Body Corporate Fees

About Owners Corporation or Body Corporate Fees in Victoria

If you happen to be an individual apartment or townhouse owner, or a lot owner under any strata title scheme, or are planning to purchase property under a strata title, you will also become liable to pay certain fees towards your body corporate or owner’s corporation, for managing the shared areas of your property, including insurance and the upkeep of common areas. This is termed as owners corporation, or body corporate, fees or levies.

As we get many questions around this topic, we have decided to share all the key information that you might need to know about the typical body corporate fees in Melbourne and other areas of Victoria.  Please note that the rules around body corporate fees can vary from state to state, so you should confirm the local requirements with the appropriate government body.  The strata industry association, Strata Community Australia or SCA, is another good source of information and has state-specific information available from their website, https://www.strata.community/.  For Victoria, SCA (VIC) has some useful information for owners at https://www.vic.strata.community/vic-owners-information.

The information below relates specifically to Victoria and is provided to assist you in budgeting for owners corporation fees in advance.

The two main types of owners corporation fees

The Consumer Affairs Victoria website mentions two types of body corporate fees, in practice within Melbourne and other locations in Victoria:

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    • Annual Administration Fund Fees

    These are the regular annual charges that need to be paid to your owners corporation to allow it to carry out its function to manage and maintain the common property.  This includes shared utilities, maintenance and repair of shared areas, insurance and administration.  Fees are based on each lot’s units of liability, (i.e. their share of the common property usually determined by the size of their unit, or lot, in comparison to the size of all other units.

    Every year, the owners corporation manager will prepare a budget to cover all expected administration expenses, and the budget agreed to and adopted by owners at each Annual General Meeting.

    • Maintenance Fund Fees

    Often referred to as sinking fund levies, the funds generated from this fee are used for longer-term maintenance.  Collecting an annual maintenance levy allows the owners corporation to accumulate funds for major works to be done at a pre-determined time in the future.  An example is the replacement of the lifts in a building which, typically, have a lifespan of 20 to 25 years.  Replacement of the lifts in even a medium size tower will cost several hundred thousand dollars.  In larger buildings, the cost could add up to millions of dollars.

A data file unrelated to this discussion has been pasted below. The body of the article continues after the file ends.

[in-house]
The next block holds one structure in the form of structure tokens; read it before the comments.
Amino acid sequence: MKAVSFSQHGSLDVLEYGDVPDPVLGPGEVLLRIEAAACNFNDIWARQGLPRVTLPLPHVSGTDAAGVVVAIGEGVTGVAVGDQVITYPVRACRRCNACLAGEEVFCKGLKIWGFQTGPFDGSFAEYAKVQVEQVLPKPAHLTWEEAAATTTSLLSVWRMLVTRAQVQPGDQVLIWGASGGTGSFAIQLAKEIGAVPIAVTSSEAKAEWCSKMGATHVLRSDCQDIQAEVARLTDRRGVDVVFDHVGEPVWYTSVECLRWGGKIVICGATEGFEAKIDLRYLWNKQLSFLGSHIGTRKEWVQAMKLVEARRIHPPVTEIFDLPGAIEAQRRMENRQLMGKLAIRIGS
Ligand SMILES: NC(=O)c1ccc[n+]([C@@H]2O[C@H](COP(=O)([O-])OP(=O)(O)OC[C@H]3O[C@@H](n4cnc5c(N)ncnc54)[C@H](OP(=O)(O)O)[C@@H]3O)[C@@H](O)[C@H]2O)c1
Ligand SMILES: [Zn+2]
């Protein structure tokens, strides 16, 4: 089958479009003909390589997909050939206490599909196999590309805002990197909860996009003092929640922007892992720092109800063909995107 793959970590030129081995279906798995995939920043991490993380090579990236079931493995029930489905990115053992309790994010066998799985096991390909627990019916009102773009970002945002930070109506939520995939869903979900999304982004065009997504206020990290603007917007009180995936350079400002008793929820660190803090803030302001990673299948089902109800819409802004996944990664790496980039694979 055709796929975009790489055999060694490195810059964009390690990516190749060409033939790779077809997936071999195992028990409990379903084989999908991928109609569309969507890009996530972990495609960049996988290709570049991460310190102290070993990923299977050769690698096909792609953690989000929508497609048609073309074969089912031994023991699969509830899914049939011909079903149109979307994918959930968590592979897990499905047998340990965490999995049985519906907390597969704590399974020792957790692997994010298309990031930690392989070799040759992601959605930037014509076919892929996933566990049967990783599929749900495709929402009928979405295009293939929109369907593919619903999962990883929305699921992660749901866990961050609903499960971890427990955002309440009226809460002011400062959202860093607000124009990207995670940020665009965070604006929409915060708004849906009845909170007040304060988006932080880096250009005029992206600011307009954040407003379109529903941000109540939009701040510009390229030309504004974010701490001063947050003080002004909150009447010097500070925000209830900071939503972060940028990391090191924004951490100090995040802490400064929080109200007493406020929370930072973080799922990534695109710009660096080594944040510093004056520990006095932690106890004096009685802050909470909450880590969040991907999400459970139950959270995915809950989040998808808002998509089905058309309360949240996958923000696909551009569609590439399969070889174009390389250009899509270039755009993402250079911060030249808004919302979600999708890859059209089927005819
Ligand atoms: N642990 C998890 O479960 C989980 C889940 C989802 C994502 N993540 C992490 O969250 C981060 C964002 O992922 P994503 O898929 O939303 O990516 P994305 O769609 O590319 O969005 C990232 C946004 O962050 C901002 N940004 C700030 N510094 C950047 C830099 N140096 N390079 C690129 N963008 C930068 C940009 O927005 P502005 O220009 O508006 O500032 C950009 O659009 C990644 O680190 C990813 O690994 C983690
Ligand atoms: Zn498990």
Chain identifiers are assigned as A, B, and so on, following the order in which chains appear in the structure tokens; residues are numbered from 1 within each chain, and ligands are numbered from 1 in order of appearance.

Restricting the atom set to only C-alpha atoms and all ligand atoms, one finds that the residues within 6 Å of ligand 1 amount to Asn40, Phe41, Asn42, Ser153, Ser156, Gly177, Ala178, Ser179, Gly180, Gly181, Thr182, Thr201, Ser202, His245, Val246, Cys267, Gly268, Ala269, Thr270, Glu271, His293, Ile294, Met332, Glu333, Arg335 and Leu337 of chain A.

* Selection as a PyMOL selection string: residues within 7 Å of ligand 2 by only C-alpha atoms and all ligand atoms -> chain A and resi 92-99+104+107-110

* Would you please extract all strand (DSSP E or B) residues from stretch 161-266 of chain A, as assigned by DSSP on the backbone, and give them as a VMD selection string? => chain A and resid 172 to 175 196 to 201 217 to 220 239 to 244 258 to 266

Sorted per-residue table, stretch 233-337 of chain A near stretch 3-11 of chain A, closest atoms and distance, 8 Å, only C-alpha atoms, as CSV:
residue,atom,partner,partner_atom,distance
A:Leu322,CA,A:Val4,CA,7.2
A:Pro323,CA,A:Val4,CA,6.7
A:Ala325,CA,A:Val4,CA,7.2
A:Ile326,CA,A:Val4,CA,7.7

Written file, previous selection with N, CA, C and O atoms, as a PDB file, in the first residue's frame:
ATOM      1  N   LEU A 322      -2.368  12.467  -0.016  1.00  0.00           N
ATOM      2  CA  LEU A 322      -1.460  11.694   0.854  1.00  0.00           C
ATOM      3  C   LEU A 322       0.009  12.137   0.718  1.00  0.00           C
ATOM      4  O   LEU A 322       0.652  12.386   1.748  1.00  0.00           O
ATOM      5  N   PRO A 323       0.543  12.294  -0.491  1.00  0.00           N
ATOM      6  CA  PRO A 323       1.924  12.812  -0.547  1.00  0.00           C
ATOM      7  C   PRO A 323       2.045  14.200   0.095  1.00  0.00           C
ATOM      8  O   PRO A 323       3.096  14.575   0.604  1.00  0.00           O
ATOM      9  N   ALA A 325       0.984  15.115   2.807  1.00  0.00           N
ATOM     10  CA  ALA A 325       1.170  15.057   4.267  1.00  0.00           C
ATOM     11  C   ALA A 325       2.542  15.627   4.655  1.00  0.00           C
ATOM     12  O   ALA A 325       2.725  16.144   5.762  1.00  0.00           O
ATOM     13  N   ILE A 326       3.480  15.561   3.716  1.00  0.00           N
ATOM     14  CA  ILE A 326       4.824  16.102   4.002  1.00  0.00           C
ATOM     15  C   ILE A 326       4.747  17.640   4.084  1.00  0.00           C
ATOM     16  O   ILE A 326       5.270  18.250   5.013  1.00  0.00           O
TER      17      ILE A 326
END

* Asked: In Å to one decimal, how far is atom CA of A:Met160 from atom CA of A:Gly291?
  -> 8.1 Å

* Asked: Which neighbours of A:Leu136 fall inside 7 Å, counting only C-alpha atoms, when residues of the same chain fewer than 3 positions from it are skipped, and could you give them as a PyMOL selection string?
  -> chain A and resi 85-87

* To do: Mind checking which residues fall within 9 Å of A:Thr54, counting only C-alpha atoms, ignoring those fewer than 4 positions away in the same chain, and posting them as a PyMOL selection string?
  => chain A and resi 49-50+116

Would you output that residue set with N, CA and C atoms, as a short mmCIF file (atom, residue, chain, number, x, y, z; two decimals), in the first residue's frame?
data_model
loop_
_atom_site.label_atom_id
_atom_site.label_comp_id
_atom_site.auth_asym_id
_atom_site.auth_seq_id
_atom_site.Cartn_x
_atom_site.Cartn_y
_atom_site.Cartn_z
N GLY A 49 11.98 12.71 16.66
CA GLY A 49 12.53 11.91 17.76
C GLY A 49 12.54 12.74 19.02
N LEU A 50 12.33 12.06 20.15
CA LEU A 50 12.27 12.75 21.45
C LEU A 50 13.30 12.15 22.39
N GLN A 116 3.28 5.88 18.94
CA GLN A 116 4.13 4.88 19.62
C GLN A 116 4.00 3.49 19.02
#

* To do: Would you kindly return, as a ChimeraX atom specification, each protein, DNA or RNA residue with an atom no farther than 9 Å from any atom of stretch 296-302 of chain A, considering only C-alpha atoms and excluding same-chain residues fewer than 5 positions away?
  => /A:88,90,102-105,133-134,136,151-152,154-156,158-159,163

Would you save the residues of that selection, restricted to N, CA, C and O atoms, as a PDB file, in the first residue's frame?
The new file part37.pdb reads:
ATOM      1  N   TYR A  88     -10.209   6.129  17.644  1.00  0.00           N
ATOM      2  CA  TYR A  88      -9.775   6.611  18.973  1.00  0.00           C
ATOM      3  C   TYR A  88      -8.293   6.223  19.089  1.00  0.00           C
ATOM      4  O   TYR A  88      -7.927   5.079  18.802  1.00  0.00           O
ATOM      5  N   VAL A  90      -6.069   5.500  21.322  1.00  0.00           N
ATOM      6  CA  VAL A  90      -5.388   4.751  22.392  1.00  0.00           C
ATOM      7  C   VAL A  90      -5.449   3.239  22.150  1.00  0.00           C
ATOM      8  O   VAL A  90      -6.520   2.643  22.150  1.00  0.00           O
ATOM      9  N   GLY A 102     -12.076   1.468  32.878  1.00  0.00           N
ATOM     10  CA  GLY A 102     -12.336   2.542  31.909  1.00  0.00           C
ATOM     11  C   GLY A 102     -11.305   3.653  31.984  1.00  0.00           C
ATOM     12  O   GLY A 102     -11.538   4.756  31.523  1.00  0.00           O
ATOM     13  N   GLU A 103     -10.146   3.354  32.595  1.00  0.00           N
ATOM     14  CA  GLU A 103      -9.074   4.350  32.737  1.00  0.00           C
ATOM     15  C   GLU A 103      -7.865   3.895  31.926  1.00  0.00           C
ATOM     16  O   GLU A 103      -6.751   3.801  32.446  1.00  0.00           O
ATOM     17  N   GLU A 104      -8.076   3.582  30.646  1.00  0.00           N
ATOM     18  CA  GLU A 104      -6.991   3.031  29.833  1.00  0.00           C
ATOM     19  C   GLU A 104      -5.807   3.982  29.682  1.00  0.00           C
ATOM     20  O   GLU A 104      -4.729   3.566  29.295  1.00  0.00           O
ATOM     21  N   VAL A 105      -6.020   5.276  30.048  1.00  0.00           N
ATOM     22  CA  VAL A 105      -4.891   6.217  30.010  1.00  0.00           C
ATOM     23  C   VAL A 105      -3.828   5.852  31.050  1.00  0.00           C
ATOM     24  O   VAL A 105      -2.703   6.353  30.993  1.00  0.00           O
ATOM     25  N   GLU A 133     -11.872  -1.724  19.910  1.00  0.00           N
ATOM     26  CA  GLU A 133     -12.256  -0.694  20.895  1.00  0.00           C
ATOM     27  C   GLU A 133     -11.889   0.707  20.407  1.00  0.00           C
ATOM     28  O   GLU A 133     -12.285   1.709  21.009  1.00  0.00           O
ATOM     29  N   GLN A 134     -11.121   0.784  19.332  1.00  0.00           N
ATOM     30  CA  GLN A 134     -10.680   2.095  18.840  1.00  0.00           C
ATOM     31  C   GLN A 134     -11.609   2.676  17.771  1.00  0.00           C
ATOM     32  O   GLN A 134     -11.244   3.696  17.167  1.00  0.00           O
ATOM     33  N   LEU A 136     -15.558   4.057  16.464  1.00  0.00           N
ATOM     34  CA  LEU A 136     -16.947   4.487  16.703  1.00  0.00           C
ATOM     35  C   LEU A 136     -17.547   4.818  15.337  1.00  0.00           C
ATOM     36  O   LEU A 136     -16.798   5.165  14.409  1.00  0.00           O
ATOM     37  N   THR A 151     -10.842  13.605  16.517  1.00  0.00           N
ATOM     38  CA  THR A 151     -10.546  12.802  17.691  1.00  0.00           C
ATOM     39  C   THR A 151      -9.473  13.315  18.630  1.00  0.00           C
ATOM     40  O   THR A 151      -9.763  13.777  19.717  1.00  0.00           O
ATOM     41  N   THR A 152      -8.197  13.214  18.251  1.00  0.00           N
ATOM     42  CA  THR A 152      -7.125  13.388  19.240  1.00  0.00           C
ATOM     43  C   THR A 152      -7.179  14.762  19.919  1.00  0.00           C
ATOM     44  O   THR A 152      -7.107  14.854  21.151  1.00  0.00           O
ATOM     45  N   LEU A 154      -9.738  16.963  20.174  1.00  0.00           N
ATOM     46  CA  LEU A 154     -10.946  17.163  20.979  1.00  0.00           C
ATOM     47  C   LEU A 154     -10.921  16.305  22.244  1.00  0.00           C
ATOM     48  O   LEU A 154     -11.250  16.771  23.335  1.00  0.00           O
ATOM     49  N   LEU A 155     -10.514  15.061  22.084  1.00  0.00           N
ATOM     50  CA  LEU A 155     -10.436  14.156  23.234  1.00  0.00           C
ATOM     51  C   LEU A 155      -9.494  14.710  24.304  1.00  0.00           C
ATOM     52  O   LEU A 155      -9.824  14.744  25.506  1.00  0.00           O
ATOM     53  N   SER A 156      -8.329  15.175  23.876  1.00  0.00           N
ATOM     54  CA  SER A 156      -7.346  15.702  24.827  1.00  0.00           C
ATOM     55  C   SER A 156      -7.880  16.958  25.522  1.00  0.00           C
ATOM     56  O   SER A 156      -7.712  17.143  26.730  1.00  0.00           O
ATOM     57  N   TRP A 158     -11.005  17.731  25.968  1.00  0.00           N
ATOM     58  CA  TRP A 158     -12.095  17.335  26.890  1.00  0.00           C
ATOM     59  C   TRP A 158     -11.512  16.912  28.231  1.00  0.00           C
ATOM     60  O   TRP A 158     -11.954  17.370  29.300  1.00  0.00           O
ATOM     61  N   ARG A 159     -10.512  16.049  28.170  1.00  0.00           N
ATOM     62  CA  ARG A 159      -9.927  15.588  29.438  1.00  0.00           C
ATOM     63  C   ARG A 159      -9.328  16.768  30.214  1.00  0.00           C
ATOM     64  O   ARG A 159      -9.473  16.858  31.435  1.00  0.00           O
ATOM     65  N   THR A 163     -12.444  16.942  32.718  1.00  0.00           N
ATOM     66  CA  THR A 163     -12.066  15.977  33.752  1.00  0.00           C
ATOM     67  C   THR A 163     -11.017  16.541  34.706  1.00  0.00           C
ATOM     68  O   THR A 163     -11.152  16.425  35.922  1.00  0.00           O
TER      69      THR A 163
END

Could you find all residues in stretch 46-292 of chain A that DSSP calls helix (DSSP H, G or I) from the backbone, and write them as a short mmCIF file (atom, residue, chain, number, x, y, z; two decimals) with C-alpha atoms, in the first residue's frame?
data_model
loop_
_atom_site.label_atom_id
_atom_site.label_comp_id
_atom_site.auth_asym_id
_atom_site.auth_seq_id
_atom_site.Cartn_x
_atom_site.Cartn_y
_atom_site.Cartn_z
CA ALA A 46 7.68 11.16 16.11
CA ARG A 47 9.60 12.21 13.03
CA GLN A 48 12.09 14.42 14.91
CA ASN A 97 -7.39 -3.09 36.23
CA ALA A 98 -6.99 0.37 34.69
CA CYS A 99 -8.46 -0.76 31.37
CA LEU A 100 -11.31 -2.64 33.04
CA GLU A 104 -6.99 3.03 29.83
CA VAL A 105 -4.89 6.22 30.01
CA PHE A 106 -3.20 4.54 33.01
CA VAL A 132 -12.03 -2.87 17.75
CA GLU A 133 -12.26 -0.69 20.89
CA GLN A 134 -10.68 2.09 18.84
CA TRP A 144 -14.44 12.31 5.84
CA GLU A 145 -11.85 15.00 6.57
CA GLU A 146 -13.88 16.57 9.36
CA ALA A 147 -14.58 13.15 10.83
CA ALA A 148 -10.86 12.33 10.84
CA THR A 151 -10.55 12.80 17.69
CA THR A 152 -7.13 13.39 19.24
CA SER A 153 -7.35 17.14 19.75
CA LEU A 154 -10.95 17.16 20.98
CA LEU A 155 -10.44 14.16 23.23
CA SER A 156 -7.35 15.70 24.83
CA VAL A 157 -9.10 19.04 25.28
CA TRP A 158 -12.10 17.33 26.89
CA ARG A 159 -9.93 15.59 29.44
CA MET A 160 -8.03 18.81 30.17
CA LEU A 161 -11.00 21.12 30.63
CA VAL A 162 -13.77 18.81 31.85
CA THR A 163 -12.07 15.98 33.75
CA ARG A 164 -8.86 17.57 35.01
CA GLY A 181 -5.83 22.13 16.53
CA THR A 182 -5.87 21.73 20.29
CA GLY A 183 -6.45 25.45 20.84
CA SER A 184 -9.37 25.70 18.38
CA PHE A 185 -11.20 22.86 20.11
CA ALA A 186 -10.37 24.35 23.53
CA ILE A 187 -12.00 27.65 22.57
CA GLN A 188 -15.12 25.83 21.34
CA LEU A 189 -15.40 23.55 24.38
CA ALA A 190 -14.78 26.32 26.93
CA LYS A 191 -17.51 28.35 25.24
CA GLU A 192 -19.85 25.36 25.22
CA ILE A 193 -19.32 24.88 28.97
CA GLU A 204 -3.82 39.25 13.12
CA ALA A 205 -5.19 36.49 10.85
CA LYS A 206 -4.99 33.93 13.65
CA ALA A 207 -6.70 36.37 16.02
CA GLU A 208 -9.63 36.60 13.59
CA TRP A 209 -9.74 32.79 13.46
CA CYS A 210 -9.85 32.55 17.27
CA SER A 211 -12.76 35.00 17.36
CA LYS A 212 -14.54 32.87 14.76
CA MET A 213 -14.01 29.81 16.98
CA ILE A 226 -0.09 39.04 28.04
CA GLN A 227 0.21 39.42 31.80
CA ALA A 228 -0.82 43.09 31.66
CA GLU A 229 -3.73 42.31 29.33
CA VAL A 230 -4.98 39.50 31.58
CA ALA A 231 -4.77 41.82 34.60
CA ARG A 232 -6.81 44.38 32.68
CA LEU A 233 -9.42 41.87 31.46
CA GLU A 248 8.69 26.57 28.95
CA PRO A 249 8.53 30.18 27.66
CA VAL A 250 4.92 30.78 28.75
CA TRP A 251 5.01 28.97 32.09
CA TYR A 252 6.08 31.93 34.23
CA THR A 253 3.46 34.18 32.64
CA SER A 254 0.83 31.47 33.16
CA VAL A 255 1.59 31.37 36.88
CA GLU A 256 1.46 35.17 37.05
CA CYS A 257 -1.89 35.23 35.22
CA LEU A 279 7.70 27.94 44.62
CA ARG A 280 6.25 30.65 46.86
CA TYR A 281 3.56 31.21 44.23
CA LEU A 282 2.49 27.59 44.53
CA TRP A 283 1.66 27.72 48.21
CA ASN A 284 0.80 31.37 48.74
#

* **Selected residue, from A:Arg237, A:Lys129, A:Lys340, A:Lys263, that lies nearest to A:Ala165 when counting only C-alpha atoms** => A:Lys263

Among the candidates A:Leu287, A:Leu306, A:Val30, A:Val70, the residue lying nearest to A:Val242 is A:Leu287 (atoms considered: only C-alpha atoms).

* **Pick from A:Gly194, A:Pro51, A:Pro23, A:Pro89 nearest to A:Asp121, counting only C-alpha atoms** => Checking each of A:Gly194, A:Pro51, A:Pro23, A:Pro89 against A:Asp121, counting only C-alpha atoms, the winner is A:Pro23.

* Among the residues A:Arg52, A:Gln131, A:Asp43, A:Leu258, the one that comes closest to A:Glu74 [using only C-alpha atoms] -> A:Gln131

• Special Fees

    Apart from the regular annual fees, there is also a provision to allow raising of special levies to take care of unplanned or emergency costs, like sudden repair work, legal costs and even for improvement work like upgrading of a security intercom system.  These may also be raised if there are insufficient funds remaining in the administration or maintenance fund to cover unexpected costs.

    As you will agree, these are necessary allocations to be able to maintain the property well.  Having a reputable and experienced owners corporation manager will ensure the best utilization of these funds.

    Having said this, it is also important to know that these fees are only used to cover costs related to shared areas and utilities, and cannot be used for any maintenance, repair or improvement of your private lot or personal property or belongings. Please also be aware that the strata insurance paid for as part of your owners corporation fees does not cover the public liability or contents insurance within your private lot.  It is best to check with your owners corporation about which costs are covered and not covered, before you make your property purchase.

    How are apartment body corporate fees calculated?

    There are a number of factors that are considered before calculating the average body corporate fees. These can include the condition, size and structure of the strata scheme.

    • Older properties might attract higher annual levies on account of an increased need for regular repairs. How much you pay will also depend on the facilities offered to owners by the owners corporation, such as lifts, pools, gymnasiums, BBQ areas, gardens and parking areas which require regular upkeep.
    • Apart from these, body corporate fees would also be based on the size of the individual property, as decided by the units of liability for each lot at the time of plot subdivision. So those with larger property holdings will usually pay higher annual fees.
    • The management charges by your owners corporation manager would also be a component of your fees. Also, if your body corporate is registered for GST, then this would also impact the body corporate fees, with additional GST charges.

    Consumer Affairs Victoria also urges owners to be aware of some extra fees in the event that they require copies of older records from the body corporate, or if you require an owners corporation certificate at the time of selling off your property.

    So in a nutshell, owners corporation fees can have a huge variance between different properties and can also change from year to year, and it makes sense to budget for these fees before committing to a purchase.

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